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The impact of trades on daily volatility

journal contribution
posted on 2006-12-01, 00:00 authored by D Avramov, Tarun ChordiaTarun Chordia, A Goyal
This article proposes a trading-based explanation for the asymmetric effect in daily volatility of individual stock returns. Previous studies propose two major hypotheses for this phenomenon: leverage effect and time-varying expected returns. However, leverage has no impact on asymmetric volatility at the daily frequency and, moreover, we observe asymmetric volatility for stocks with no leverage. Also, expected returns may vary with the business cycle, that is, at a lower than daily frequency. Trading activity of contrarian and herding investors has a robust effect on the relationship between daily volatility and lagged return. Consistent with the predictions of the rational expectation models, the non-informational liquidity-driven (herding) trades increase volatility following stock price declines, and the informed (contrarian) trades reduce volatility following stock price increases. The results are robust to different measures of volatility and trading activity.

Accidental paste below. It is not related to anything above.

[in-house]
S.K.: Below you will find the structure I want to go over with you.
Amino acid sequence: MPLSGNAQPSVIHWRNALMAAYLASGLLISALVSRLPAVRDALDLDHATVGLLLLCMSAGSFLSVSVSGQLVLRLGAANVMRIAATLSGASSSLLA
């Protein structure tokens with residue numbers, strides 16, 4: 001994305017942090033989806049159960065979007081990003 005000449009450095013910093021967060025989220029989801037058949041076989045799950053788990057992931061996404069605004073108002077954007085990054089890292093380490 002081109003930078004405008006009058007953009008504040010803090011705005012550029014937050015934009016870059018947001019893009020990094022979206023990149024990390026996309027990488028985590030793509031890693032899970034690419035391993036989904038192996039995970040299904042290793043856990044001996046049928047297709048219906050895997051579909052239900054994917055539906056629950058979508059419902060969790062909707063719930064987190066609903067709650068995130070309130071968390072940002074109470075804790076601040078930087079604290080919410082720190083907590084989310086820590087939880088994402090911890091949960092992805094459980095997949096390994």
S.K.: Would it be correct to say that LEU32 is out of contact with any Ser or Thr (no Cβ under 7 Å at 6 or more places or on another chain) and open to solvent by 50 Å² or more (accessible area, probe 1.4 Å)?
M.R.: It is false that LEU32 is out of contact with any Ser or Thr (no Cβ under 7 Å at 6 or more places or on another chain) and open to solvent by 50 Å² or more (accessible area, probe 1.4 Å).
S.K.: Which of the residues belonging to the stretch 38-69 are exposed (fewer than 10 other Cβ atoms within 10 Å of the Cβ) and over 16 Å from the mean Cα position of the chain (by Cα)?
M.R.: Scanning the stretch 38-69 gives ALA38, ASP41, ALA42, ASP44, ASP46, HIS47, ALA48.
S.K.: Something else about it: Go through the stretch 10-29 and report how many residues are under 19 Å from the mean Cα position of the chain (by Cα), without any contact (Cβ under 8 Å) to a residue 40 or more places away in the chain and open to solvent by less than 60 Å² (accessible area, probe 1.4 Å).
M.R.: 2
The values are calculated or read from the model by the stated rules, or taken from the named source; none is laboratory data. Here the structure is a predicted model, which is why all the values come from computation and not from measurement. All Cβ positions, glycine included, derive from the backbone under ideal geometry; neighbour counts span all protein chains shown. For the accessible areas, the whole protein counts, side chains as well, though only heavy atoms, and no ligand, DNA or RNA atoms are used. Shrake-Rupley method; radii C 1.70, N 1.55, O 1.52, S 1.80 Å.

History

Journal

Review of financial studies

Volume

19

Issue

4

Season

Winter

Pagination

1241 - 1277

Publisher

Oxford University Press

Location

Oxford, Eng.

ISSN

0893-9454

eISSN

1465-7368

Language

eng

Publication classification

C1.1 Refereed article in a scholarly journal

Copyright notice

2006, The Author

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